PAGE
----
Improving Running Performance
Running is one of the most popular forms of exercise, from recreational to competitive, all types of people enjoy running. Many of these runners are chasing the ability to run better, faster, further, and the question among runners and coaches is how to make that happen. The long-held belief is that a runner’s top priority is improving VO2 max, and that strength and power training will not help (Beattie et al., 2017) is not valid. Recent literature supports the importance of another aspect of running performance, running economy (RE). RE is defined as the oxygen consumption required to run at a given pace at a set velocity (Saunders et al., 2006 & Fei et al., 2019). Thus, improved RE results in a runner that utilizes less O2 for a given pace.
Increasing RE in runners can be done by adding strength and power training to existing programs (Saunders et al., 2006 & Beattie et al., 2017). These two modes of training differ considerably, and both provide different physiological adaptations to the body. Moderate to heavy loads done at low velocities of 2-6 reps for 3-5 sets make up strength training (Barrie, 2020). Low or no-load high-velocity movements make up power training, typically comprised of bodyweight jumping exercises, also known as plyometrics or explosive strength training. Strength and power are attributes that athletes are constantly training to maximize their performance, but runners do not often consider these modalities.
Strength training enhances running mechanics by providing stability to the hips and knees; these improved mechanics may enhance RE (Moffit et al., 2020). On the other hand, explosive strength training helps improve reactive strength, enhancing the muscle’s ability to utilize elastic energy, which might be one of the most significant factors in improving RE (Fei et al., 2019). These new findings lead us to the clinical question of; which training modality, strength, or power leads to better improvements in RE?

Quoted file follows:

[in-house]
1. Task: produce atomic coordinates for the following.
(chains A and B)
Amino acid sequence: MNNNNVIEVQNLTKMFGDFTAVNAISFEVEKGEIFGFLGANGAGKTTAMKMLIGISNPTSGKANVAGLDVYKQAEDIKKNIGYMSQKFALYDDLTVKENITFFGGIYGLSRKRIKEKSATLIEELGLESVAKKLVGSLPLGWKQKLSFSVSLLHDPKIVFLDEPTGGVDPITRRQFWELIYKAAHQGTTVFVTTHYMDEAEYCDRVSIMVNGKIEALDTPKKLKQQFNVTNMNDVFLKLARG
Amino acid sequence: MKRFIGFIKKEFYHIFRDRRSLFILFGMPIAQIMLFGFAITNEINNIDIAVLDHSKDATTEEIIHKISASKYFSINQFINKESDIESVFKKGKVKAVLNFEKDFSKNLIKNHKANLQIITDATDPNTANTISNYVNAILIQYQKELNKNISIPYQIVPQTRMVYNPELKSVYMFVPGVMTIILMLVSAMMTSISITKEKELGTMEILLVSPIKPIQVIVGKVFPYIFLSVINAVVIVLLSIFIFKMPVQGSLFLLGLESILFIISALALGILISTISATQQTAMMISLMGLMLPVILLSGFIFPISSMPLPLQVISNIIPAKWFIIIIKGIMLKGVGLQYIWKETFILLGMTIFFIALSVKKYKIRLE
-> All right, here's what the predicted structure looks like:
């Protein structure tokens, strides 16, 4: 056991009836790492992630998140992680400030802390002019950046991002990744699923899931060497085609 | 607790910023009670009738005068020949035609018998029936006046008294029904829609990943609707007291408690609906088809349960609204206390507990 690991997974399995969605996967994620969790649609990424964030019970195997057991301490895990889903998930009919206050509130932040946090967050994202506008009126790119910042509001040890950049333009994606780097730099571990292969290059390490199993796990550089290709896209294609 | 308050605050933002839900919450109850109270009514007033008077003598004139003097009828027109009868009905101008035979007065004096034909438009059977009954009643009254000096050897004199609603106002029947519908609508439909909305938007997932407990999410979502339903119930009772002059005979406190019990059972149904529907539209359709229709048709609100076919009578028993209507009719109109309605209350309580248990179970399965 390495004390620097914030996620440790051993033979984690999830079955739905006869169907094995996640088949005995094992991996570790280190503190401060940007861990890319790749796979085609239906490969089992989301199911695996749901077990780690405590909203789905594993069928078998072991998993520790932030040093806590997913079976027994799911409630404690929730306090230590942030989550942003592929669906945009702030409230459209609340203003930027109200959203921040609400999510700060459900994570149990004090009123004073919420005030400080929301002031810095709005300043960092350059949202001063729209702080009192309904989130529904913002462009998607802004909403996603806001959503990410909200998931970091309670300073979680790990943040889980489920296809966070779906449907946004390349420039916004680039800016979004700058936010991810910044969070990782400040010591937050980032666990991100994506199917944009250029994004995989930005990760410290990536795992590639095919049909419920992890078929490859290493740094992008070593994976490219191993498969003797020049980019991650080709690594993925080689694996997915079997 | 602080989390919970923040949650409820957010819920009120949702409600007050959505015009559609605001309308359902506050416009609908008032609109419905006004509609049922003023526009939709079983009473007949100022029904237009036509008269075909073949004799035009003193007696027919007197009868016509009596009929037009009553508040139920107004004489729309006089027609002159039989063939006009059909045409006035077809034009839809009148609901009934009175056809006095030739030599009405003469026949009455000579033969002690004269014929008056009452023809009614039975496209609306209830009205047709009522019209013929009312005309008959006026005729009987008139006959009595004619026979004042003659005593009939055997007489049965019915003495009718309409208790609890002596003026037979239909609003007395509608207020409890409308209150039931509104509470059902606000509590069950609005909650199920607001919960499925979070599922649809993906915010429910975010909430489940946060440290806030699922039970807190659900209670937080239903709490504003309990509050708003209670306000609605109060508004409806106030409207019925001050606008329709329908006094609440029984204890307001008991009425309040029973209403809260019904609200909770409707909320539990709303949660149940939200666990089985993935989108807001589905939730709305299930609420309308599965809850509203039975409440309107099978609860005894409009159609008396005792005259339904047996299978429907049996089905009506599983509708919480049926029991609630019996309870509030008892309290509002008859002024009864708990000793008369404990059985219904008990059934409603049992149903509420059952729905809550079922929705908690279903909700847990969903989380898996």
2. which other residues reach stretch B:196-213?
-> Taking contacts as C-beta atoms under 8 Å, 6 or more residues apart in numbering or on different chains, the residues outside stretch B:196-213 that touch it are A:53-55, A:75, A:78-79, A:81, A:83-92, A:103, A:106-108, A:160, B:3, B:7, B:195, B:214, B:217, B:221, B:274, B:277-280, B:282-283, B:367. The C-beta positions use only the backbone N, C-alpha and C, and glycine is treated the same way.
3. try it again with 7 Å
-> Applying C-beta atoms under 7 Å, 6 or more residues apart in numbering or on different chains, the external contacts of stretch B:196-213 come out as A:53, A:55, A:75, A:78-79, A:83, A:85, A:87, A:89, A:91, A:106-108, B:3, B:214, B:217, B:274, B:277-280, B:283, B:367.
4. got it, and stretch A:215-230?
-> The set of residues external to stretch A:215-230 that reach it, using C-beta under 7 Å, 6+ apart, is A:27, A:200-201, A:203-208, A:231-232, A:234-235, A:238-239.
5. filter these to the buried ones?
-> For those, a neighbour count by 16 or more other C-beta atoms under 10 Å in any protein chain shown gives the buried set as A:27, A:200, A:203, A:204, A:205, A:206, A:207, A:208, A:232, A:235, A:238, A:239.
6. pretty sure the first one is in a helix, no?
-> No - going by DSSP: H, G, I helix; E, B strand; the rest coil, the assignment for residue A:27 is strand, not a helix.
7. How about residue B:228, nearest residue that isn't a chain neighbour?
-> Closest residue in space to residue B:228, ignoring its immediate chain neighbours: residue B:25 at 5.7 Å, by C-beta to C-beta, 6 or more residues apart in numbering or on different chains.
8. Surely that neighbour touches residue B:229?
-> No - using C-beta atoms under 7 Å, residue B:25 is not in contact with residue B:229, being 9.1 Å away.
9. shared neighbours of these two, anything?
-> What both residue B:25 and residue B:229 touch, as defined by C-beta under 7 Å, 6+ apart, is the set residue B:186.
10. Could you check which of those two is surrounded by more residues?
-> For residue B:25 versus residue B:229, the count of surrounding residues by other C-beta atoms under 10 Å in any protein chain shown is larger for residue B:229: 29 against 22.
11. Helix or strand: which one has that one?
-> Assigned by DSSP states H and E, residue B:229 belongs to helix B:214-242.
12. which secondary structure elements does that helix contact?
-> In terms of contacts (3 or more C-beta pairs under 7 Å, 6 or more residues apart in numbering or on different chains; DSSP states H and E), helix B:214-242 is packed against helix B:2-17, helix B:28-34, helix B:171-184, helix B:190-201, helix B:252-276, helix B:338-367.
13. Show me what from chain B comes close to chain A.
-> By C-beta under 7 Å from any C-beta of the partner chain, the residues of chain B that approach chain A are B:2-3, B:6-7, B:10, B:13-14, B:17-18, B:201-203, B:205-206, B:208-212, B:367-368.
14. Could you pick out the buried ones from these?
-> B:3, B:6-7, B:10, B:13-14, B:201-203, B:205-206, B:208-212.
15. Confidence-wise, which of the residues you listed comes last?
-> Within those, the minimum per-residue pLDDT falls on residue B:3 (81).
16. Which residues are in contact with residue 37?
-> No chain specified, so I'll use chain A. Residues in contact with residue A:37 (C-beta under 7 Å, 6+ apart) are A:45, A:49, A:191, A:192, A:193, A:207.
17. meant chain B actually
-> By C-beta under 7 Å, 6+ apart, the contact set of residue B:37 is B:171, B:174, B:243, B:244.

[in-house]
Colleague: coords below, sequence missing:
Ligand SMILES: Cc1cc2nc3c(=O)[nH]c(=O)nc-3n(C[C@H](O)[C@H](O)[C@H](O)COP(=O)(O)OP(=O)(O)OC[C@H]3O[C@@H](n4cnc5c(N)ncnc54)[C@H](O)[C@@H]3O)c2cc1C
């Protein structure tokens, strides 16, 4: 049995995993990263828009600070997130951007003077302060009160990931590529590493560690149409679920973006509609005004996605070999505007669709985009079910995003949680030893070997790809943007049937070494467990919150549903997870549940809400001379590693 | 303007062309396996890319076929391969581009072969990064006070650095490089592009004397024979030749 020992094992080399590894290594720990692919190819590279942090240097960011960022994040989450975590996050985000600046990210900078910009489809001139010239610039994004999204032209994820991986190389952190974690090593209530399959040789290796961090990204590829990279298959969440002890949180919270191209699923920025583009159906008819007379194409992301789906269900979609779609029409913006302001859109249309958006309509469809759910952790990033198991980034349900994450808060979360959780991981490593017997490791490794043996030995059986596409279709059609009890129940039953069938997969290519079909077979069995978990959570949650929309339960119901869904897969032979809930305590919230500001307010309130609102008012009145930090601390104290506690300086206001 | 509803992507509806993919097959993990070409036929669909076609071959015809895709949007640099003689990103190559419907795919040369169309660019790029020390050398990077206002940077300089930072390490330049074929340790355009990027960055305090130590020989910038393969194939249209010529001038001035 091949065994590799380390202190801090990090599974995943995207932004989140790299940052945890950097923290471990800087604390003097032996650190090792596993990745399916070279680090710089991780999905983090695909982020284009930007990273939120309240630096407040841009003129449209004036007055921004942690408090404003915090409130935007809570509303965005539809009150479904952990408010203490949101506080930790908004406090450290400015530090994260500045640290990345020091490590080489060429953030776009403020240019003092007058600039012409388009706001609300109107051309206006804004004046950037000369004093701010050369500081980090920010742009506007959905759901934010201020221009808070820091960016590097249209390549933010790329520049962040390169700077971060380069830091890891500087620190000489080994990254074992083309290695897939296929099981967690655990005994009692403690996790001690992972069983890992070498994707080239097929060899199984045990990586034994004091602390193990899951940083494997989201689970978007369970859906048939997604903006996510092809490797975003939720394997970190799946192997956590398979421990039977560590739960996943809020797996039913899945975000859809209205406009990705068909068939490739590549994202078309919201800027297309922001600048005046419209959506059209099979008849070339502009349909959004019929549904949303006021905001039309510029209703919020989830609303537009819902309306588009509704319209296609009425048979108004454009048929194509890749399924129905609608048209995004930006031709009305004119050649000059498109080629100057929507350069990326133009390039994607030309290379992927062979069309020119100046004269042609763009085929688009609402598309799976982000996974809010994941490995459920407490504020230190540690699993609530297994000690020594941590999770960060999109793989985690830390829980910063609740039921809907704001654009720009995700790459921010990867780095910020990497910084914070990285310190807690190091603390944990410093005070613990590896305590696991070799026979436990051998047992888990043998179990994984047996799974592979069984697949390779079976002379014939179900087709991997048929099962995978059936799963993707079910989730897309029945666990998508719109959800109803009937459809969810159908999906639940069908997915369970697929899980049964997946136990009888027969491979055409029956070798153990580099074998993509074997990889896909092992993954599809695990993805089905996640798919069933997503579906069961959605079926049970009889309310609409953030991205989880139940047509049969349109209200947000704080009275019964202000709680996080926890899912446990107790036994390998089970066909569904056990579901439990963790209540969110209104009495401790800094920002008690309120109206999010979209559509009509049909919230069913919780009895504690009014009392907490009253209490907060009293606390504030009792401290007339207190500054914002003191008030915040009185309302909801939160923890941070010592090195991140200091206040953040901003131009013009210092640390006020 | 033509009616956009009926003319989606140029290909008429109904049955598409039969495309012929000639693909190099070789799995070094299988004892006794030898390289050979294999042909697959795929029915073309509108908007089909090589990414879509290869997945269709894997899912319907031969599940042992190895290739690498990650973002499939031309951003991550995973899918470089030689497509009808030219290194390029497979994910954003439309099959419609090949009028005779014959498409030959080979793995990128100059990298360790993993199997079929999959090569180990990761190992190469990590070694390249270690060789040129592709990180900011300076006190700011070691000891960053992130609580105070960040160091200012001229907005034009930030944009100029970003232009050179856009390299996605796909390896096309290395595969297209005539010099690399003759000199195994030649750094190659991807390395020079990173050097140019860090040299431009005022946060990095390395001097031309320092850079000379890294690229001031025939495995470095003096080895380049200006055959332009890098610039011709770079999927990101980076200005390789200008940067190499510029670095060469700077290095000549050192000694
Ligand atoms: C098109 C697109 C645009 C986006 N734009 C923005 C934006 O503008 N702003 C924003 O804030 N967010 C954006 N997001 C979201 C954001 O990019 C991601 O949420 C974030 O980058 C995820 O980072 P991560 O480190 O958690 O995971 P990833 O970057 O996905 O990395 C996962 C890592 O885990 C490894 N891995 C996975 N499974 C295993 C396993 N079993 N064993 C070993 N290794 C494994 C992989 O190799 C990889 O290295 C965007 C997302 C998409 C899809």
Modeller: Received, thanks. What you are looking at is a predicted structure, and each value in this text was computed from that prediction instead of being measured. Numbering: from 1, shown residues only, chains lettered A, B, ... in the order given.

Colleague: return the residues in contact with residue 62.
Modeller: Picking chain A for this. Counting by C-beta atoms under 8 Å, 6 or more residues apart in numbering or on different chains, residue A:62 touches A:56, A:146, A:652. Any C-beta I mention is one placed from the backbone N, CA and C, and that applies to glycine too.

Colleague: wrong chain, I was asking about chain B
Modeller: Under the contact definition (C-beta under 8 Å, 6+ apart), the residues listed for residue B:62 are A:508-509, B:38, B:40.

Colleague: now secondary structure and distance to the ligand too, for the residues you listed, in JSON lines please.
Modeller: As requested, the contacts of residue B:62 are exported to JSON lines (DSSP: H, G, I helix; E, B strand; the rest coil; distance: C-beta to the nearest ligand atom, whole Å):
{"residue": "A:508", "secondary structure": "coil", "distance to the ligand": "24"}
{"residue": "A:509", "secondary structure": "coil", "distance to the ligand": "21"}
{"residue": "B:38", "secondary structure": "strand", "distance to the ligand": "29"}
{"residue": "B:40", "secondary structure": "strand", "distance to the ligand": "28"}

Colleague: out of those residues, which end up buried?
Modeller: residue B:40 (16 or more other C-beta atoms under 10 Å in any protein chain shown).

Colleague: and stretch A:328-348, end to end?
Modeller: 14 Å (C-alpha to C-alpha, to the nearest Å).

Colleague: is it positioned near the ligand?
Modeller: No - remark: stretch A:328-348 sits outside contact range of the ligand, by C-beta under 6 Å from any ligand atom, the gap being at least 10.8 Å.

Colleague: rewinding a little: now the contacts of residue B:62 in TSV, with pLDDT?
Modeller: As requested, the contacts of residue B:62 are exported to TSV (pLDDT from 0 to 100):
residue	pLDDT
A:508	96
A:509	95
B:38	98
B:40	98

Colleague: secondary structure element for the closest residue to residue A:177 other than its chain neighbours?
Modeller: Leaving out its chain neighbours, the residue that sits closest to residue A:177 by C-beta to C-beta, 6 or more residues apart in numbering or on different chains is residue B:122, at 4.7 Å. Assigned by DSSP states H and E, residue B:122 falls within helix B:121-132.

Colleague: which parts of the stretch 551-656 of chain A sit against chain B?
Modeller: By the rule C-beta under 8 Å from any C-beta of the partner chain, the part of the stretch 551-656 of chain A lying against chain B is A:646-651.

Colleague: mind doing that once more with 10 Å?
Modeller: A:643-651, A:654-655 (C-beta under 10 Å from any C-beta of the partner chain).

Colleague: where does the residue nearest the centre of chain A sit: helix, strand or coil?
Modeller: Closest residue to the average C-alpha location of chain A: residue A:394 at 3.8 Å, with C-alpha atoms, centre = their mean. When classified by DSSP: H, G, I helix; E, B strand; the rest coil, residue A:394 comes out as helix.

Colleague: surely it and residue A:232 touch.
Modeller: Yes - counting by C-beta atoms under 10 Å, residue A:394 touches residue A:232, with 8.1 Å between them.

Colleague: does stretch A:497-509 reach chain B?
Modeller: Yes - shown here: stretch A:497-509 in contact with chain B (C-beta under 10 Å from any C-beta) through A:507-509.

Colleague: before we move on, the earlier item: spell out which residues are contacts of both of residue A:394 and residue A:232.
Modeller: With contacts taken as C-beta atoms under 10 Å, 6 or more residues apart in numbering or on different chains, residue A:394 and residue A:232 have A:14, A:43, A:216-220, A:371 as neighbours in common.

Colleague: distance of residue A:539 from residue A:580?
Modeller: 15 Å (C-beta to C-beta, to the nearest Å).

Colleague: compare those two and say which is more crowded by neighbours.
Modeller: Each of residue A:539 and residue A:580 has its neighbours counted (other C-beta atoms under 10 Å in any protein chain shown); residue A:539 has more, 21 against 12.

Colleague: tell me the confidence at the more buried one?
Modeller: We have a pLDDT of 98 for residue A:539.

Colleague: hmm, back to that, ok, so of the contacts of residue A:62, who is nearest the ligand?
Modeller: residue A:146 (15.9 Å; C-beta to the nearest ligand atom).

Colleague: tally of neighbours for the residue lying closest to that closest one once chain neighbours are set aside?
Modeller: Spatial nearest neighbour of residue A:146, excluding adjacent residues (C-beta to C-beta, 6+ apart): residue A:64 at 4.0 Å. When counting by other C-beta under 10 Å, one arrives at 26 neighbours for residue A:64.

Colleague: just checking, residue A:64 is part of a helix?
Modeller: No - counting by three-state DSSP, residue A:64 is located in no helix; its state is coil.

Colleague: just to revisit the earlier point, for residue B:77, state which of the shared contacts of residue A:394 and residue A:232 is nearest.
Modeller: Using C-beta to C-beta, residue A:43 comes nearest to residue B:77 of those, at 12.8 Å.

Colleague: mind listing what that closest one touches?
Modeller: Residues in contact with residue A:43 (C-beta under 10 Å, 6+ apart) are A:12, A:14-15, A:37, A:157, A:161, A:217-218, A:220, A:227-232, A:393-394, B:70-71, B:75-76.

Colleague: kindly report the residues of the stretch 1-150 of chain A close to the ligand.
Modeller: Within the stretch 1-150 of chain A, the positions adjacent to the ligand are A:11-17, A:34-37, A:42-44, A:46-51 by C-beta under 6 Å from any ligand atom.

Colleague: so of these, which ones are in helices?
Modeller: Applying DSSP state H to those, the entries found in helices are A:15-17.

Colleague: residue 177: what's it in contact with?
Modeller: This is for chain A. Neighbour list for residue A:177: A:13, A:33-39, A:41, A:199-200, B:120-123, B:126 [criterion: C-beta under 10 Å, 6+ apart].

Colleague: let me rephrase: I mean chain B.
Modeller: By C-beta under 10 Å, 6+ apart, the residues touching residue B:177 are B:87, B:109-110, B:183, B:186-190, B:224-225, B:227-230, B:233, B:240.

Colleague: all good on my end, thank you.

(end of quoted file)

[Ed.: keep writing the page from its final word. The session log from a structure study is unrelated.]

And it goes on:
Both strength and power are essential in running performance and can improve RE. Beattie et al. (2017), Saunders et al. (2009), and Fei et al. (2019) all concluded that the ability to utilize elastic energy is an essential factor in RE, thus in order to increase elastic energy use, high-velocity power training must be part of a runners training program. However, strength training offers benefits of its own that are considered essential prerequisites for safely training plyometrics (Baechle, T. & Earle, R., 2015) and (William, E. 2001). Maximal strength training increases tendon stiffness (William, E. 2001) and (Beattie et al., 2017), a basis for the elastic energy storage that is so important for power training. Maximal strength training also increases bone density (William, E. 2001) which is vital to reducing the risk of stress fracture common to runners. Lastly, plyometric training recommends basic strength requirements to ensure each athlete has the strength and speed base required for power activities (Beachle, T & Earle, R. 2015 p. 424).
There are a few different ways to safely program strength and power for runners. Beattie et al. (2017) programmed the first training block to be maximal strength training that transitioned to power training during the in-season. William, E. (2001) and Beachle, T. & Earle, R (2015) also support this program design to ensure proper strength for a plyometric program. A third option exists in well-trained athletes, and that is complex training. Complex training integrates maximal strength training with power training by alternating from one modality to another in the same training session (Barrie, B. 2020). Proper periodization is a vital part of successfully integrating strength and power training into a running program. A recommended ratio of strength and power training to running is one session for every three runs with at least 4-6 hours of rest between training sessions (Barrie, B., 2020).
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